Like nearly all mail servers, the one built into Mac OS X Server has two major components: an SMTP server (Postfix) that handles communication with other mail servers and a POP/IMAP server (Cyrus in Leopard; Dovecot in Snow Leopard) that handles retrieval and management of your users' mail. Depending on your needs, you might turn on only one or two of these protocols, but the most common arrangement is to offer all three. For each one, you have a variety of choices involving security.
In addition to SMTP, POP, and IMAP services, Mac OS X Server offers a webmail interface (SquirrelMail) and a mailing list server (Mailman), neither of which I cover in this book.
The first thing you should ponder is how you want to structure your mail services with respect to the other services you're providing with Mac OS X Server — and whether running your own mail server is the best solution for your organization.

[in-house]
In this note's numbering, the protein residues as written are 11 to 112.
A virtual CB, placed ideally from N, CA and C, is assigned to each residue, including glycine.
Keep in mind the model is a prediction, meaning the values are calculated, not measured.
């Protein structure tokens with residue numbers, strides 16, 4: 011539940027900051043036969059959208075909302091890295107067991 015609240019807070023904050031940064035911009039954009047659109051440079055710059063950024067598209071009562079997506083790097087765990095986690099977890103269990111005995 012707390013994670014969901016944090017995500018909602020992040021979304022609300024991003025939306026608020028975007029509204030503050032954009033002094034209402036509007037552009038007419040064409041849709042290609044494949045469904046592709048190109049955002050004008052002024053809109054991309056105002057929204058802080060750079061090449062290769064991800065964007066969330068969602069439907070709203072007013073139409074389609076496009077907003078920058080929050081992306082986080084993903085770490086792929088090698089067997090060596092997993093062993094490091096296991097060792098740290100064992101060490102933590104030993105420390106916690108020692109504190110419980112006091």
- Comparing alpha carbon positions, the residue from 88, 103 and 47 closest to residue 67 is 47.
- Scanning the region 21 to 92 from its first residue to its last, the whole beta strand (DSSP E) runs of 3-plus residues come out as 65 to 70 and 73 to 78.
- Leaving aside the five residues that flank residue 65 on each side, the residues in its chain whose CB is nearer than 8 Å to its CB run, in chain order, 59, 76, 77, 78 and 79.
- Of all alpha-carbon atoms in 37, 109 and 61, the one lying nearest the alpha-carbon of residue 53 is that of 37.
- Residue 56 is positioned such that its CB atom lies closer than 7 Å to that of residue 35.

My personal experience running mail services on Mac OS X Server has been that it's highly resource-intensive, which means that if your organization sends or receives a great deal of email — and especially if you employ server-based spam and virus filtering — it can slow down other processes running on the same computer (such as a web server). Your mileage may vary, of course, depending on such variables as the number and speed of your server's processors, the amount of RAM it has, the volume of mail transferred, and the variety of other processes ...